What Qualifies You for Alimony in California?

Are you facing a divorce and wondering if you qualify for alimony? This is a question a lot of people ponder about – many factors will influence spousal support in the state of California. 

What qualifies you for alimony in the state of California? Figuring out alimony can get complicated. There are 4 key elements to qualifying for alimony that you will need to understand. These are: 

  • The Length of Your Marriage
  • Marital Standard of Living
  • Debts & Assets
  • Ability to Become Employed

When it comes to divorce and money, it can be overwhelming, stressful, and emotional. In this article, we will go over a few key elements the State of California will look at to see if you or your spouse will qualify for alimony.  

1. Length of Your Marriage

If you or someone you know is currently going through a divorce, then you may have heard some legal terms such as pendente lite, alimony, and long-term spousal support. Understanding these legal terms will help you understand how the length of your marriage will impact a spousal support order.

Do not forget that you and your soon-to-be ex-partner can agree to a spousal support agreement without the court’s help. This would be the best possible outcome to have instead of going through the courts. 

Once the length of your marriage has been determined, there are 5 different types of alimony you can seek.

  1. Temporary Alimony
  2. Rehabilitative Alimony
  3. Permanent Alimony
  4. Reimbursement Alimony
  5. Lump-Sum Alimony

2. Marital Standard of Living

The marital standard of living refers to the lifestyle that both parties enjoyed during the duration of their marriage. This standard of living will include considerations such as:

  • How often did the couple eat out?
  • Where the couple usually shopped for clothing
  • How much did the couple spend on their housing situation?
  • How big is the marital house? 
  • Where was the marital house located? 
  • What types of schools did the children go to? 
  • Where and how often did the couple go on vacations?

After the divorce, it is typically not feasible for both spouses to maintain the same lifestyle as they once enjoyed together. 

For example, in re Marriage of Smith, this case describes the marital standard of living within your means. This case displayed that if both parties were spending more than the income they were taking each month, this should not be a deciding factor in what the court will determine as the marital standard of living. The court will then have to look at the actual income earned rather than the amount spent.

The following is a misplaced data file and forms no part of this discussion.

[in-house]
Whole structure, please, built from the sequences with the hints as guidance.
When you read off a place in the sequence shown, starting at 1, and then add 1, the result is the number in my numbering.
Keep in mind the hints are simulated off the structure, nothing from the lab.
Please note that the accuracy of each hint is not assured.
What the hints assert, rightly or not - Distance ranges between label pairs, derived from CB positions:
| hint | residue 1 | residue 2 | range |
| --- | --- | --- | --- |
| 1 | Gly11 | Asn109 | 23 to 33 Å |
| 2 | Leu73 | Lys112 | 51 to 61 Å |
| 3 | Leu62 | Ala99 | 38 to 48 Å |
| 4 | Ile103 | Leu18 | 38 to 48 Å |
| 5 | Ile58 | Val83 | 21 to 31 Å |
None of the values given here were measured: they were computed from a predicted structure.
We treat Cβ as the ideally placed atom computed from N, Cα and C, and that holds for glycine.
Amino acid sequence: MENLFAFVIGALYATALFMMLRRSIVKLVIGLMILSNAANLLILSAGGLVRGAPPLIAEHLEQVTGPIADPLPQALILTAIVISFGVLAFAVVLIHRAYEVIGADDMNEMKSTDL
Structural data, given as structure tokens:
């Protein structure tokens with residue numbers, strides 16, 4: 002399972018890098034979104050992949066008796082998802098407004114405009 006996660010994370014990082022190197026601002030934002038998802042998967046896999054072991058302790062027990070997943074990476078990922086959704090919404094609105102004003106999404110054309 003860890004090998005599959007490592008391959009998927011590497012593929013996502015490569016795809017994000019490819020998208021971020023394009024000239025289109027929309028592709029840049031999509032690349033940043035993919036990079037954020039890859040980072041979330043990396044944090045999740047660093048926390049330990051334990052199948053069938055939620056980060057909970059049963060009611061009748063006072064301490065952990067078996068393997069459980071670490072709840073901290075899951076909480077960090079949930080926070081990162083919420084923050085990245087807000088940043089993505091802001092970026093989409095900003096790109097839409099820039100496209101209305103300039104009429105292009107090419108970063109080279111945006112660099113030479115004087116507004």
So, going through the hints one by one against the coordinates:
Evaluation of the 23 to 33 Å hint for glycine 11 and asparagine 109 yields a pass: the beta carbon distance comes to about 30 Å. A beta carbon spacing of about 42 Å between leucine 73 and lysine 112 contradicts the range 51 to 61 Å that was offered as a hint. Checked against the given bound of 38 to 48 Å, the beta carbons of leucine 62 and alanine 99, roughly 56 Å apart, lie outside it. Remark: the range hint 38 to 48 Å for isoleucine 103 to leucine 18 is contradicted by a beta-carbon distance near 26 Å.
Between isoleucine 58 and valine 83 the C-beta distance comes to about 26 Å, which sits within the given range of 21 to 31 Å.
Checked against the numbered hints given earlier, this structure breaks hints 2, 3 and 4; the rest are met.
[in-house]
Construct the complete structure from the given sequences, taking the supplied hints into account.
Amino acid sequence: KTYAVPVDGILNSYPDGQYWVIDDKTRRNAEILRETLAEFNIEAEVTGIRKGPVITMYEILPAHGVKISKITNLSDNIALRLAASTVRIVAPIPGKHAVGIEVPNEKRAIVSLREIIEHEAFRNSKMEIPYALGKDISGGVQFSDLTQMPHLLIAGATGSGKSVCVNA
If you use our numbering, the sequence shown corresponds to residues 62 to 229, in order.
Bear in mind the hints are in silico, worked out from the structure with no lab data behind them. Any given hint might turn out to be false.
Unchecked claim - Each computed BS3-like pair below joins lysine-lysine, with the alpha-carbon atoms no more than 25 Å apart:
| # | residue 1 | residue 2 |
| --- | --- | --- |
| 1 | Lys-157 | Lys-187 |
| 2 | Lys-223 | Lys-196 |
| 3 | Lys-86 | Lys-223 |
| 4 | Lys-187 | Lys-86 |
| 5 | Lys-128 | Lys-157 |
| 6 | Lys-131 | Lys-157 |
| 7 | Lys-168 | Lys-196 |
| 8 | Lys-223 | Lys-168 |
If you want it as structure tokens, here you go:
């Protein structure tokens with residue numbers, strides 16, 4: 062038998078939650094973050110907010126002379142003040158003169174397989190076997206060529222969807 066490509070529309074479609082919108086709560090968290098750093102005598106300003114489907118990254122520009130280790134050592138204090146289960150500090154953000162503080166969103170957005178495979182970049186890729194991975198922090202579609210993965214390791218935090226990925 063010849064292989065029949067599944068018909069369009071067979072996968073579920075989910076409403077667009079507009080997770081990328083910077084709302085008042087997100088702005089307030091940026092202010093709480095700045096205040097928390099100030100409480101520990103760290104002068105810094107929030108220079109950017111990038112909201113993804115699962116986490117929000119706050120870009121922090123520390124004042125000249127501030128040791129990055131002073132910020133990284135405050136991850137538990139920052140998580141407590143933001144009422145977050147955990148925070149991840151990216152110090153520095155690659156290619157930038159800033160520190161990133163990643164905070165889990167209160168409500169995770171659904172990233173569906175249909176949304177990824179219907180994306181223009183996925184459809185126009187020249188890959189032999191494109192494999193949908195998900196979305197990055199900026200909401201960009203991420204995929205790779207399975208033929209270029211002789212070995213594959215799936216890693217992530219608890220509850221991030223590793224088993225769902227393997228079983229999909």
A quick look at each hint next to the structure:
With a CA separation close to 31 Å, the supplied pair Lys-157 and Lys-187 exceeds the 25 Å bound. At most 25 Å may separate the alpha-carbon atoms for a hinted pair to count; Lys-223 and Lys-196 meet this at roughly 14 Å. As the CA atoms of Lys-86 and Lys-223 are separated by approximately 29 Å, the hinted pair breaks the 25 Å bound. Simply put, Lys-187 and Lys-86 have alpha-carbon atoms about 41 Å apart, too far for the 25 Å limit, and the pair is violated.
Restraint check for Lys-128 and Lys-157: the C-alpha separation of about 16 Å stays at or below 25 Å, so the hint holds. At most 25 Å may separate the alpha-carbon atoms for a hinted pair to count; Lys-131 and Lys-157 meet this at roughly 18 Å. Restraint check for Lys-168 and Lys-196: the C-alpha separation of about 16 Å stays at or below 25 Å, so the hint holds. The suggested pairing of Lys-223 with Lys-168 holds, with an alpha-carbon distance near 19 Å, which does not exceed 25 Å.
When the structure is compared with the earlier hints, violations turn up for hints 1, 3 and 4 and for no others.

3. Debts & Assets

A community property state, such as California, will look at all assets and debts obtained during the duration of the marriage. If you and your spouse have accumulated assets, such as houses, cars, boats, and the like, this will all get considered during the spousal support process. However, your debts and assets that you’ve obtained before you got married will be separate.

The one thing that the court will never take into account with spousal support is your student loans. It does not matter when you took the student loans out. In the court’s eyes, student loans are considered separate property. 

But, the courts can and will consider any bank accounts that you both shared, even if one name is on the account. As long as the other party would deposit their money into it, it becomes a community property at that point. The same goes for a retirement account. 

What you should know is that each party will have an equal share of all assets. The court will divide the assets equally between both parties. However, the parties can agree to do an unequal division if they want. 

When it comes to marital debt, the courts will not get involved. The debt will have to get settled between the two parties. The courts will not make a binding contract for any debt that stemmed from the marriage. For instance, if one party says they will pay all of the marital debt but does not pay them, the creditors can still come after both of you for the total amount. 

4. Ability to Become Employed

In situations where the other party is unemployed, it is common for the supporting party to ask for the other party to get put under a work efforts order along with a request for the Gavron warning, which is under Family Code 4332(b) states: